Sri Lankan public section workers stage strike seeking salary hike

After teachers and health workers, public sector workers in Sri Lanka struck working demanding higher wages in the face of repeated price hikes and an economic crisis

December 09, 2021 by Peoples Dispatch
Sri Lanka protests
Photo: Nimalsiri Edirisinghe/Daily Mirror)

On Wednesday, December 8 , more than 600,000 public servants affiliated to the Sri Lanka Government Officers’ Trade Union Association (SLGOTUA) went on a strike to protest over the government’s failure to solve the salary anomaly issue while cost of living continues to rise.

According to SLGOTUA National Organizer B.A.P. Basnayake, the number of public servants who engaged in the strike action on Wednesday was about 80% of the total cadre.

In a year that has seen repeated price hikes of essential commodities, the workers are demanding that the government raise the salary of public servants by at least 18,000 rupees (USD 89) . 

So far, the Gotabaya Rajapaksa government has ignored these demands saying that “there is no possibility of raising salaries under the present circumstances.”

According to The Morning, state-sector employees attached to the Sri Lanka Government Officers’ Trade Union Association (SLGOTUA) had given a call for a one-day strike due to the non-response from the government.

Several workers’ organizations, including the Sri Lanka Public Officers Trade Union Federation (SLPOTUF), an alliance of 35 unions comprising the All Ceylon Development Officers Union, the Agriculture Research and Production Assistants Union and the Sri Lanka Village Officers Union, had said they would participate in the strike.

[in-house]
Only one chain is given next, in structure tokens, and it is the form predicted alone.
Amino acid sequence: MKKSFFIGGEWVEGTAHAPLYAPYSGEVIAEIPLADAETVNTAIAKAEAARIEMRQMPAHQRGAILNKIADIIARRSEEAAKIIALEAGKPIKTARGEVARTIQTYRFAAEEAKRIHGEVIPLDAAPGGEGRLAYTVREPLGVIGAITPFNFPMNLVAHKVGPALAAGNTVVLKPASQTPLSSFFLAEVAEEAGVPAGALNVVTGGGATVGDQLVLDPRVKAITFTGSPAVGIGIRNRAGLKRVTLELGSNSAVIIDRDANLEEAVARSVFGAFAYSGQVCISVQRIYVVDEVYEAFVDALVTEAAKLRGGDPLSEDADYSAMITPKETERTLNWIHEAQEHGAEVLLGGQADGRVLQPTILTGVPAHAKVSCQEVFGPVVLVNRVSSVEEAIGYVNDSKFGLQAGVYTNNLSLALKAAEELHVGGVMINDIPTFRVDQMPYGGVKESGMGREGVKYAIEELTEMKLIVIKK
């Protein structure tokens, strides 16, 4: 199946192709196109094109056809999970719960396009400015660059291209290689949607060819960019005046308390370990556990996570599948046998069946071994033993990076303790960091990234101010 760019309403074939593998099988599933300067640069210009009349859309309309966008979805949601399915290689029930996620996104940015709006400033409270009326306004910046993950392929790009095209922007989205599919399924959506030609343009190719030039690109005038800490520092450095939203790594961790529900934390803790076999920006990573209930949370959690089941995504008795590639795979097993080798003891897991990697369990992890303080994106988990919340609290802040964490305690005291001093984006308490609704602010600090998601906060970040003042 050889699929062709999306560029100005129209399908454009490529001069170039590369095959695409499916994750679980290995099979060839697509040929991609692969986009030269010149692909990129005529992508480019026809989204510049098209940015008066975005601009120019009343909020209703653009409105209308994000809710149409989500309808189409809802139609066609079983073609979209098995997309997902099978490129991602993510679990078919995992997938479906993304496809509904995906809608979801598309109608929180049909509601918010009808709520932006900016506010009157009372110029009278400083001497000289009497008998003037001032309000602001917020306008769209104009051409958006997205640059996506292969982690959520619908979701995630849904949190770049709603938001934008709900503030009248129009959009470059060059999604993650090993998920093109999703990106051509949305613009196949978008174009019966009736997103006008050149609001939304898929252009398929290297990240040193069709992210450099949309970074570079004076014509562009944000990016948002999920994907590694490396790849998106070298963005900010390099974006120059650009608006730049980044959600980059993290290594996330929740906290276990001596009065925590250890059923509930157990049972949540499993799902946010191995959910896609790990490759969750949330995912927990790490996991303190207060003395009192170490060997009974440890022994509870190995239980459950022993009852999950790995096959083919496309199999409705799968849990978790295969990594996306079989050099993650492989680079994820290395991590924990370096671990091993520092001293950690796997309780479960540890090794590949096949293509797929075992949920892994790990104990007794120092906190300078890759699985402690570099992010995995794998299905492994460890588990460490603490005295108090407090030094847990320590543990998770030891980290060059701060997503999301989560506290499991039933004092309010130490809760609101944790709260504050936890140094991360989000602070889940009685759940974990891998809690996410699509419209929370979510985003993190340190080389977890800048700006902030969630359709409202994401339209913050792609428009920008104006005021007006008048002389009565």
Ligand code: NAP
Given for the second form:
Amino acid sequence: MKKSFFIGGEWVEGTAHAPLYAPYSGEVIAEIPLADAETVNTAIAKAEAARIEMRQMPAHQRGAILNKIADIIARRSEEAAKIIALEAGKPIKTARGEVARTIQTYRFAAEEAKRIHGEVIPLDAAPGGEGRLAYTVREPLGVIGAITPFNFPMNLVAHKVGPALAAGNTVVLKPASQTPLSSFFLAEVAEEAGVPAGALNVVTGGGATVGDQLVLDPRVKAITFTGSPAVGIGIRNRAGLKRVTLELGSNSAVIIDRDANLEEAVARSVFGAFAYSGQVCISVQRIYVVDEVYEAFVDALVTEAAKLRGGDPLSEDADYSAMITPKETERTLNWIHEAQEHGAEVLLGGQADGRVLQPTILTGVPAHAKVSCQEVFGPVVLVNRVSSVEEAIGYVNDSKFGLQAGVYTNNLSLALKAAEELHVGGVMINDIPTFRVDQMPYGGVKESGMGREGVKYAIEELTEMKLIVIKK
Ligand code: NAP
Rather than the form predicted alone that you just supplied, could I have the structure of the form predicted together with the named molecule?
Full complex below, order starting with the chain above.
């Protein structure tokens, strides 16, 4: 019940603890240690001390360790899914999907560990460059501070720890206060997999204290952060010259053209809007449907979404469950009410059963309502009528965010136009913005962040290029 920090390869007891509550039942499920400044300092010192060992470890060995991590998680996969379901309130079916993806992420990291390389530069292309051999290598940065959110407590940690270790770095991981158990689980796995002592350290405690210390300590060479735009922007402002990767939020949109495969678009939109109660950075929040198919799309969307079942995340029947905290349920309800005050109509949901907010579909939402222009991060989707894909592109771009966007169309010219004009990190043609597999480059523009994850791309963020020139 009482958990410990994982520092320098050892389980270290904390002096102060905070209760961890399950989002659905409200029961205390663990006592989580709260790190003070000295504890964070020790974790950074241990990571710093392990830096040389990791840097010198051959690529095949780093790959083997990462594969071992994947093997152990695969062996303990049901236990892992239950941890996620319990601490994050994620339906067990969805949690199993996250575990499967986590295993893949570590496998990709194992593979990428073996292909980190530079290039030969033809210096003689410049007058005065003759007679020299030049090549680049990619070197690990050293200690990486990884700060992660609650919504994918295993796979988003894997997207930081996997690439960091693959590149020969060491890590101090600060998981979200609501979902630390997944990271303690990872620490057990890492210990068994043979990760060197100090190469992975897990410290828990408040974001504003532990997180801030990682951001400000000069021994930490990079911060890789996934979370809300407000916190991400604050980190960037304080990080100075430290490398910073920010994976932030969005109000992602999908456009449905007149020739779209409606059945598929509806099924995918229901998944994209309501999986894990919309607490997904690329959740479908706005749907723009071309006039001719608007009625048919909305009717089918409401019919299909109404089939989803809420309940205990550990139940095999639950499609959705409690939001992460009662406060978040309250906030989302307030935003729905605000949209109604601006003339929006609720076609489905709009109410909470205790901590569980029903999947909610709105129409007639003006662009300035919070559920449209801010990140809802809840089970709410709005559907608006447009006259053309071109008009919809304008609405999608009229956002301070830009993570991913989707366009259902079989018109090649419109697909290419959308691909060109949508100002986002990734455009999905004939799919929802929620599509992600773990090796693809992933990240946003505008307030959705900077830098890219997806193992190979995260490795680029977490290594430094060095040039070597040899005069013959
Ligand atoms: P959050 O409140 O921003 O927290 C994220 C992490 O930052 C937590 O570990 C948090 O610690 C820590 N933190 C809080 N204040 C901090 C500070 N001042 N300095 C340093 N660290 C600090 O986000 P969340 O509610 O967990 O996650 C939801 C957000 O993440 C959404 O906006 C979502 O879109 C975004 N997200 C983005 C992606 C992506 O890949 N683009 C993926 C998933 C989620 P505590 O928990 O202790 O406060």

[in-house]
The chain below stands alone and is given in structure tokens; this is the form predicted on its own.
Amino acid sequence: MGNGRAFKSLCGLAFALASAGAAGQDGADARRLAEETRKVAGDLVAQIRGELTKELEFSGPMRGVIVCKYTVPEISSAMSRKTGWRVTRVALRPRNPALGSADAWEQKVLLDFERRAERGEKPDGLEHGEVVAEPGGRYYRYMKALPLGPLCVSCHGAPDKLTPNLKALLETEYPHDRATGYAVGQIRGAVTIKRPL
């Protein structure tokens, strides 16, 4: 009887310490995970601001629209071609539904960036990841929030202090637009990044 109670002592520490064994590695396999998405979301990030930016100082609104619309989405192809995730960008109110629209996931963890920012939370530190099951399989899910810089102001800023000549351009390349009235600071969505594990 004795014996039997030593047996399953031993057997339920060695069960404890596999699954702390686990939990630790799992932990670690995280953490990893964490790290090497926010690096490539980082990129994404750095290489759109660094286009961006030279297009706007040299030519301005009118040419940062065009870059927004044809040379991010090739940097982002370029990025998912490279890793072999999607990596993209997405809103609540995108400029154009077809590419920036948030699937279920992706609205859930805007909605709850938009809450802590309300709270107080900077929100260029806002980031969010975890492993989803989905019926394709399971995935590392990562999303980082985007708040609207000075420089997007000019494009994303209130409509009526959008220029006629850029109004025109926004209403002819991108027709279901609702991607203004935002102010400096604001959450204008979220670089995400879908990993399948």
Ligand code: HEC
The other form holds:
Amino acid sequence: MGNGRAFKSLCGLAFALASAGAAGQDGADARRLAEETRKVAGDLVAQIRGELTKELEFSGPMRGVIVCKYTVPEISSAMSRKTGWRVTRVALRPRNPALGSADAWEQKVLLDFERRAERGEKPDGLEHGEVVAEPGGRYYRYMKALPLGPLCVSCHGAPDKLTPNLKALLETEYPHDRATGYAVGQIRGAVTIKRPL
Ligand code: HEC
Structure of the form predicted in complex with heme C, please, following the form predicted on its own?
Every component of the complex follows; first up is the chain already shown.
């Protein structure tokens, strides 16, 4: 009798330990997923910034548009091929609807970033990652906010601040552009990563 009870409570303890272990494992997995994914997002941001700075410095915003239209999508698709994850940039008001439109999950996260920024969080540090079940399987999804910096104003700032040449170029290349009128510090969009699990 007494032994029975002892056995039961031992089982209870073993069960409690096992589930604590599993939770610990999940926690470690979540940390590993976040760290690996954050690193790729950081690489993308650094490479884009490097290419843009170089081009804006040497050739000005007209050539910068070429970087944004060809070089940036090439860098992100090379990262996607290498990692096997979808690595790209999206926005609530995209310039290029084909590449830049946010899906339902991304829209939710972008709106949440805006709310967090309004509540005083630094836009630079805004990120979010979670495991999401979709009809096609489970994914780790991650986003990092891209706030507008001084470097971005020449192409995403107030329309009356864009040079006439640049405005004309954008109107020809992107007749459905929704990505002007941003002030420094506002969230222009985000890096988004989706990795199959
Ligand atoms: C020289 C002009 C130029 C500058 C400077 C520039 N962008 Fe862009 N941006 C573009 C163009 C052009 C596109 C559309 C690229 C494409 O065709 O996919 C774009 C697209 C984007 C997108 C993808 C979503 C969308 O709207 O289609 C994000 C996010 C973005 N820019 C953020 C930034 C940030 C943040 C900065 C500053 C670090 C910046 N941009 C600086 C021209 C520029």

The strike call by government officers and workers came after a month of agitation by various sections of Sri Lankan society, including development officers, health workers, teachers and electricity board workers, as the state of economic emergency imposed in August continues. 

The frequent civil protests this year indicate the public’s anger towards the policy-making of the current Rajapaksa government and its big-business-friendly approach.

Last month, the Teachers’ and Principals’ Trade Union Alliance (TPTUA), which had been staging protests on the salary anomaly issue, was successful in achieving its demand for higher wages after 120 days of demonstrations.

On November 24 and 25, more than 50,000 public sector health workers in Sri Lanka held a two-day sick leave strike to protest the government’s repeated rejection of their demands. In its 2022 budget, the government has announced a six billion rupees cut for the health sector citing the current economic crisis that the island nation is facing.

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